How to Find Your Inner Purpose for the Next Stage of Your Life


In his book, The Great Work of Your Life, Stephen Cope posits that when we miss our Dharma by a millimeter, we miss it by a mile. In my practice as a leadership coach, I see two distinct groups of women who have missed their calling by that millimeter. The first group of women are those in their late 20s and early 30s who followed the outline of familial and cultural programming  and chose the career path they thought they “should.” The second group is comprised of more seasoned women, who in many ways paved the way for generations behind them but haven’t had the opportunity of designing their dream career themselves.

This latter group of more seasoned women are reimagining the 2.0 version of their career, and finally feel called to put themselves in the center of it. So, as we approach this career evolution, how do we connect it to our soul’s deepest calling—to our inner purpose? I believe that the great work of our lives sits at the intersection of where our gifts lie (yes, we all have forms of mastery!), what brings us joy, what we value, what we want to impact, and what we need. When we design our path from that space and bring our full selves to the table, we are living our purpose.

So where do we begin?

Step 1: Overhaul your beliefs.

The first place I check in with clients is on their beliefs. What we believe and how we prioritize those beliefs guides our lives.

Buried in our subconscious lie beliefs that inform our success, ambition, worthiness and more. The ideas we hold about ourselves (i.e. I’m not worthy enough to make this salary, or people like me can’t achieve that) and the world around us make up our core beliefs. What makes these beliefs so important is that they influence almost every action we take in our lives. And until we sit down to examine our beliefs about career, money, leadership, and advancement, they can be directing our lives in an unfavorable way. Once we’ve taken inventory of these core beliefs, we look at the ones that are limiting our success. We work to rewire these beliefs so that we can step into an expanded definition of success and purpose.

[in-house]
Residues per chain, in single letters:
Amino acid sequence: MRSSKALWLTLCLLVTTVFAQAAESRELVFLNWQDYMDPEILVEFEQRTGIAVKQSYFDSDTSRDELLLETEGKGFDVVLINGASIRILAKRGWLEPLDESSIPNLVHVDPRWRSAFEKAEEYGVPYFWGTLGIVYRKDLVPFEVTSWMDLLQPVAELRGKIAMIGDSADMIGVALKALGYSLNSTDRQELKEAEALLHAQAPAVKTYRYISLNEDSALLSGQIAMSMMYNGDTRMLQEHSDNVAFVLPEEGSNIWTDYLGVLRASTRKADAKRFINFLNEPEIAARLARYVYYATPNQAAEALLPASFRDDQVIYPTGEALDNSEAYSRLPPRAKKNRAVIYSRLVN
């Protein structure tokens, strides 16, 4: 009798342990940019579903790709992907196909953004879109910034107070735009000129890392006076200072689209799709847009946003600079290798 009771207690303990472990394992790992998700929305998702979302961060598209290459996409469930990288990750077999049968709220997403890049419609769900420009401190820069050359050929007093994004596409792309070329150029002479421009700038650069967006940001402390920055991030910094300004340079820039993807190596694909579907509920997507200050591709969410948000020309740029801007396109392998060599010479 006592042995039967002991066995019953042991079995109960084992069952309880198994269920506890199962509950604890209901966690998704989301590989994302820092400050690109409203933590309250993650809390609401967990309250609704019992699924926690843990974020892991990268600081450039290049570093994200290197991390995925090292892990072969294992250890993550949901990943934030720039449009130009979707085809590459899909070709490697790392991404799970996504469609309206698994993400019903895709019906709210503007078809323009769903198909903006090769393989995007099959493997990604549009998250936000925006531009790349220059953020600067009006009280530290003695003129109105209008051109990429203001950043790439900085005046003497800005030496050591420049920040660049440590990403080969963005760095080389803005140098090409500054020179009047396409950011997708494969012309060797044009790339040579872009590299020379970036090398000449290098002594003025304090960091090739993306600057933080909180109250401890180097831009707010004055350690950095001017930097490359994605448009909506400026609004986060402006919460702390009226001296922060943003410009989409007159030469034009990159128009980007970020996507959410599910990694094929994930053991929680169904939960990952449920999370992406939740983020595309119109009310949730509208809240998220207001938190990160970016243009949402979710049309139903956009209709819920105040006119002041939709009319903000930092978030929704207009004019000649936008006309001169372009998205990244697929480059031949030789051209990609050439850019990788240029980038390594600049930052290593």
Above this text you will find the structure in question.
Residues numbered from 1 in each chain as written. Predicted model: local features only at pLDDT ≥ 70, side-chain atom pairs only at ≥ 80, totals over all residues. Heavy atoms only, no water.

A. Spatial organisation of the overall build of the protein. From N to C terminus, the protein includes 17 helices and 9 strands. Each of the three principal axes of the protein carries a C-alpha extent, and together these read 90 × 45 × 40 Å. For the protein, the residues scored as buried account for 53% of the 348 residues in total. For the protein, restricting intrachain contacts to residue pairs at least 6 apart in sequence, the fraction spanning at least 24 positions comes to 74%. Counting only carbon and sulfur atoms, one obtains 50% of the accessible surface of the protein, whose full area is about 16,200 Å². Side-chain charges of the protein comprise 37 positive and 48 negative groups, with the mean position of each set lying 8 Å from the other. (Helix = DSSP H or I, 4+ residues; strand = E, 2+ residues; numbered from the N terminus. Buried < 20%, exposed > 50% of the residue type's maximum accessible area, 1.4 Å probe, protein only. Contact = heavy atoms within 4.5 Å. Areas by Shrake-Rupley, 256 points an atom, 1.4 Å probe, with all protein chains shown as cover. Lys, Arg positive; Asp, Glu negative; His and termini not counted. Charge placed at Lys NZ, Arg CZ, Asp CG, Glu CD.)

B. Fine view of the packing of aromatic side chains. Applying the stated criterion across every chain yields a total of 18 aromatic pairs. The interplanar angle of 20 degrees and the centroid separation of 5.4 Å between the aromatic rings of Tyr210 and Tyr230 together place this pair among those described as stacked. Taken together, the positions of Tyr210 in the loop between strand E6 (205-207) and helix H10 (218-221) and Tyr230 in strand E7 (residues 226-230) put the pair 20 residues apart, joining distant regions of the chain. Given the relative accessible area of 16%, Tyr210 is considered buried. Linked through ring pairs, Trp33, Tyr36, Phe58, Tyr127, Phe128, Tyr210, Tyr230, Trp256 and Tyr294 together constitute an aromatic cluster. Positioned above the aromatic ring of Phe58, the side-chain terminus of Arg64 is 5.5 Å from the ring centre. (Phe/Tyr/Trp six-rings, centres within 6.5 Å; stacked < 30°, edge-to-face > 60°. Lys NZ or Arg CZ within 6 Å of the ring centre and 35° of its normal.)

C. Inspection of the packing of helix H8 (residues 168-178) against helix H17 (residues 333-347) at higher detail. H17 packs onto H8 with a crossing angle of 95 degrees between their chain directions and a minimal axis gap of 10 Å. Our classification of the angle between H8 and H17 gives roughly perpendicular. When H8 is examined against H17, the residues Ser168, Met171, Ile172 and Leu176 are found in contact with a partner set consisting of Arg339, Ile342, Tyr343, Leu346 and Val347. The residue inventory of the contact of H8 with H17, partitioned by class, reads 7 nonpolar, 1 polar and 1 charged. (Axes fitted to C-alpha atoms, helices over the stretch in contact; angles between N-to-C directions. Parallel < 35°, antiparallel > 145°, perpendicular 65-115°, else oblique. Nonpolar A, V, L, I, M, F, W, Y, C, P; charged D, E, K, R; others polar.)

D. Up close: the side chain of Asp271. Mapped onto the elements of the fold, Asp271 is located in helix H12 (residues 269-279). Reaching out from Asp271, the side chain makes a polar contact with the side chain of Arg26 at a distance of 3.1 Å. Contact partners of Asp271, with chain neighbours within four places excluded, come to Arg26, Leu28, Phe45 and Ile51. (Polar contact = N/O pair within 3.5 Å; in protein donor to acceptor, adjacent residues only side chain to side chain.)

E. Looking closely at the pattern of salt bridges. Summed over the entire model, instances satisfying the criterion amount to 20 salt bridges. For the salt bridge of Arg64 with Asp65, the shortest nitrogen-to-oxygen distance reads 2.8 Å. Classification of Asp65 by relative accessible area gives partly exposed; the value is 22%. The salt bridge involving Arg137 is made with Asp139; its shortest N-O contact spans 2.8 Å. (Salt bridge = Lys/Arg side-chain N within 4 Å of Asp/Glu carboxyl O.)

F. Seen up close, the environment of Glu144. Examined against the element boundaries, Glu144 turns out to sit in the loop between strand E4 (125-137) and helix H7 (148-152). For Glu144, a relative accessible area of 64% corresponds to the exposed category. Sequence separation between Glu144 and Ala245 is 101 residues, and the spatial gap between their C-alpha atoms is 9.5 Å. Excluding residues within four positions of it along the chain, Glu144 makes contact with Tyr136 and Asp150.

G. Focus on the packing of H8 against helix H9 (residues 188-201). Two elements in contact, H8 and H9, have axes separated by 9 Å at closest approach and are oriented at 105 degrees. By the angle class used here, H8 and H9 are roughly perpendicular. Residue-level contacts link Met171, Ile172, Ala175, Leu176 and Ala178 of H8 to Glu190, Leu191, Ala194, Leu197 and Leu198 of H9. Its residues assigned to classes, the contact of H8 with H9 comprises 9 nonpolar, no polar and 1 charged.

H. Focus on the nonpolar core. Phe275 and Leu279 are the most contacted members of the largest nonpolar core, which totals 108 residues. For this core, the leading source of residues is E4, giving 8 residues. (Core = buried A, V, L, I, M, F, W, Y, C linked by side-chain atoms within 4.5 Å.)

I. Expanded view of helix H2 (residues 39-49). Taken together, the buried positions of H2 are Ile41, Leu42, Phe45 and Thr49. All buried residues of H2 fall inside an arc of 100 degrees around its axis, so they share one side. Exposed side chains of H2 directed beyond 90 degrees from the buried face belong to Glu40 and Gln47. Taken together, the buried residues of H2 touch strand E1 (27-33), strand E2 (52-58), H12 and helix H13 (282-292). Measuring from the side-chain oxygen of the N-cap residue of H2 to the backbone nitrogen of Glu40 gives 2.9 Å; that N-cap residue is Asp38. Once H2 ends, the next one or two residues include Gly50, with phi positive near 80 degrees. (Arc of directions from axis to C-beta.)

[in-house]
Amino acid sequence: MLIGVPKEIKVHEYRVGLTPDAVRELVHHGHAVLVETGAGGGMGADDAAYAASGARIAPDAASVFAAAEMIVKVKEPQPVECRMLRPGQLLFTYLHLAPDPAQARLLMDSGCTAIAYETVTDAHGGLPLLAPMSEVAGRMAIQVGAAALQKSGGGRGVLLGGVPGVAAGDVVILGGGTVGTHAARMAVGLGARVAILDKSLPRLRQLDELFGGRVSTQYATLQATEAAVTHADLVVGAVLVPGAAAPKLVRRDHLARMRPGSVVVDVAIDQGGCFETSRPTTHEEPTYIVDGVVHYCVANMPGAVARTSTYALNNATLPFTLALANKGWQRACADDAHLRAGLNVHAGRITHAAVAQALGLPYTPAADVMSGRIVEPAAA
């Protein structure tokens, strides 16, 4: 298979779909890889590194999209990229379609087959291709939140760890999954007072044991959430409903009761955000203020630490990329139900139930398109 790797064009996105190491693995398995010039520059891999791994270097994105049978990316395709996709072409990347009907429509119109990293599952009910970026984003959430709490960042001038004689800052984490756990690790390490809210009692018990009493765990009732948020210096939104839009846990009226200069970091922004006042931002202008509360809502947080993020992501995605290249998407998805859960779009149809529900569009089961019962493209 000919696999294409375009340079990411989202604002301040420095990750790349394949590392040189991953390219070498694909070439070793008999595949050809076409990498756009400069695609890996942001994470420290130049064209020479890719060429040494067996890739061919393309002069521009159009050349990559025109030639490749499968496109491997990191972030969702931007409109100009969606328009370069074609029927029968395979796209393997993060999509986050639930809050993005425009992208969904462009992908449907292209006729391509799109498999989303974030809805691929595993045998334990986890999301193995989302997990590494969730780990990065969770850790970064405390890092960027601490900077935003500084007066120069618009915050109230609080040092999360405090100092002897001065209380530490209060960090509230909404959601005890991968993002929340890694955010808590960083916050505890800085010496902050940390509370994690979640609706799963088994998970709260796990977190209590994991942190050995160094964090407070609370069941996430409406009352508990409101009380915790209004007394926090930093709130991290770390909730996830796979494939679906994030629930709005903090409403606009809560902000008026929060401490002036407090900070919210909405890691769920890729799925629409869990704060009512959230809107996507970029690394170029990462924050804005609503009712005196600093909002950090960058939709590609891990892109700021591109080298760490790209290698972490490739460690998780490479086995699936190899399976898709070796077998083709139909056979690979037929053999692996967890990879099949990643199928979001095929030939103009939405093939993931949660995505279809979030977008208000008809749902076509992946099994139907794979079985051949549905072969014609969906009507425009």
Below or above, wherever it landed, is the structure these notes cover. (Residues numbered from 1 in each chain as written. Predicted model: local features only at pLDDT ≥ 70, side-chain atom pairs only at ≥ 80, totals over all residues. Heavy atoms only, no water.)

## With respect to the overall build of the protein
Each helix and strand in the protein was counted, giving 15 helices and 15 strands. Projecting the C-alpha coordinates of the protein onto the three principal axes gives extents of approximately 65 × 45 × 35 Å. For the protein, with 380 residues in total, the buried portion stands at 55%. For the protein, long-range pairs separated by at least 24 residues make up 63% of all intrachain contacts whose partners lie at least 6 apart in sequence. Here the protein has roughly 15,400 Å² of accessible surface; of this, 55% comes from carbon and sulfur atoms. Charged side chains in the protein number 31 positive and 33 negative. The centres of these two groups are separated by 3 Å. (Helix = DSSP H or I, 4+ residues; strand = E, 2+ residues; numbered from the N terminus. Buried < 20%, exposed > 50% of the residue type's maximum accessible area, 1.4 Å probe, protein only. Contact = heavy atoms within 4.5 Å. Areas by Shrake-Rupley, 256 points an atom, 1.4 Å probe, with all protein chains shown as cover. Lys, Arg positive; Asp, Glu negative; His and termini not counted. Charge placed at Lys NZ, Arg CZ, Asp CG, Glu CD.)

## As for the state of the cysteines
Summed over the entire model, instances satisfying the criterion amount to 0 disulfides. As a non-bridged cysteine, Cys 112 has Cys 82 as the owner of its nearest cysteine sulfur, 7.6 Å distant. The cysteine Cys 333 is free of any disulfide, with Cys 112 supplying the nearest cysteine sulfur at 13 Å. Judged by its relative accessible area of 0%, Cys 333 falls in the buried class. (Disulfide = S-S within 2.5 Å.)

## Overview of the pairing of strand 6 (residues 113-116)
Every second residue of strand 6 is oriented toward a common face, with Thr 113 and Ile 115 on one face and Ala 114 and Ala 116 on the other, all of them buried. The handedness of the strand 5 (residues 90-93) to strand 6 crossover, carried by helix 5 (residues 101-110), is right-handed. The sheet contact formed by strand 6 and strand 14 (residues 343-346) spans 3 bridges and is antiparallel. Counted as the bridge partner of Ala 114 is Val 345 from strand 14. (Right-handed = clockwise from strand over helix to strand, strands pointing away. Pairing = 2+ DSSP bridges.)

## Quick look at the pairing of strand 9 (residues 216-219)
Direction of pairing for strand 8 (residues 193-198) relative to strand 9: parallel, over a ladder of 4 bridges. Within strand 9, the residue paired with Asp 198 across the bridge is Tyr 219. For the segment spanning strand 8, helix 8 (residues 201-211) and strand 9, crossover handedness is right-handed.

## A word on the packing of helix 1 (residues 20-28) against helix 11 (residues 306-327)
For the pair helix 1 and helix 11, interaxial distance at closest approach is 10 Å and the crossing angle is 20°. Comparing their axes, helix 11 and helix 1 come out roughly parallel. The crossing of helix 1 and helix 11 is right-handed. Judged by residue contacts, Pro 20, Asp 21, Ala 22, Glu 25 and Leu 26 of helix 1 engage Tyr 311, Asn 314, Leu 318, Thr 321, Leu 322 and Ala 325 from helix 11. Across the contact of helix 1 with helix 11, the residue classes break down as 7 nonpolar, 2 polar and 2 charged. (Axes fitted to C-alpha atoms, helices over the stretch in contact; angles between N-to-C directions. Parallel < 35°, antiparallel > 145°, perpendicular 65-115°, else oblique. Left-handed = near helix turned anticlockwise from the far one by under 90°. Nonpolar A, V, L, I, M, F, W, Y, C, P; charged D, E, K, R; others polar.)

Ask yourself: What do you believe about work, success, and doing what you love? Do you believe that you can step fully into your calling? Are those beliefs supportive of your big vision?

Step 2: Honor your values.

What we value in this world shapes how we prioritize our lives and informs our happiness—and unfortunately happiness is currently at an all-time low. Just 14 percent of Americans state they are happy and present.

Black swan moment aside, I believe that unhappiness is a reflection of how out of alignment we are with our values as a culture. While Gen-Z is choosing to work in spaces aligned with their values, not all previous generations felt that they could make such choices—but in doing so, we compromise our own experience. As Cope also writes, if you do not bring forth what is within you, it will destroy you and the work that you do.

Ask yourself: What are your core values? If you were to distill your values down to the top five most important for you, what would they be? Are those values aligned with your current organization?

Step 3: Identify your mastery.

When we’ve overhauled our beliefs and are anchored in our core values, we start to see ourselves and the lives we’ve created with much greater clarity. We are no longer in the fog of our familial, cultural, and societal programming. We can now more consciously see ourselves and begin to examine our unique brand of genius—perhaps for the first time.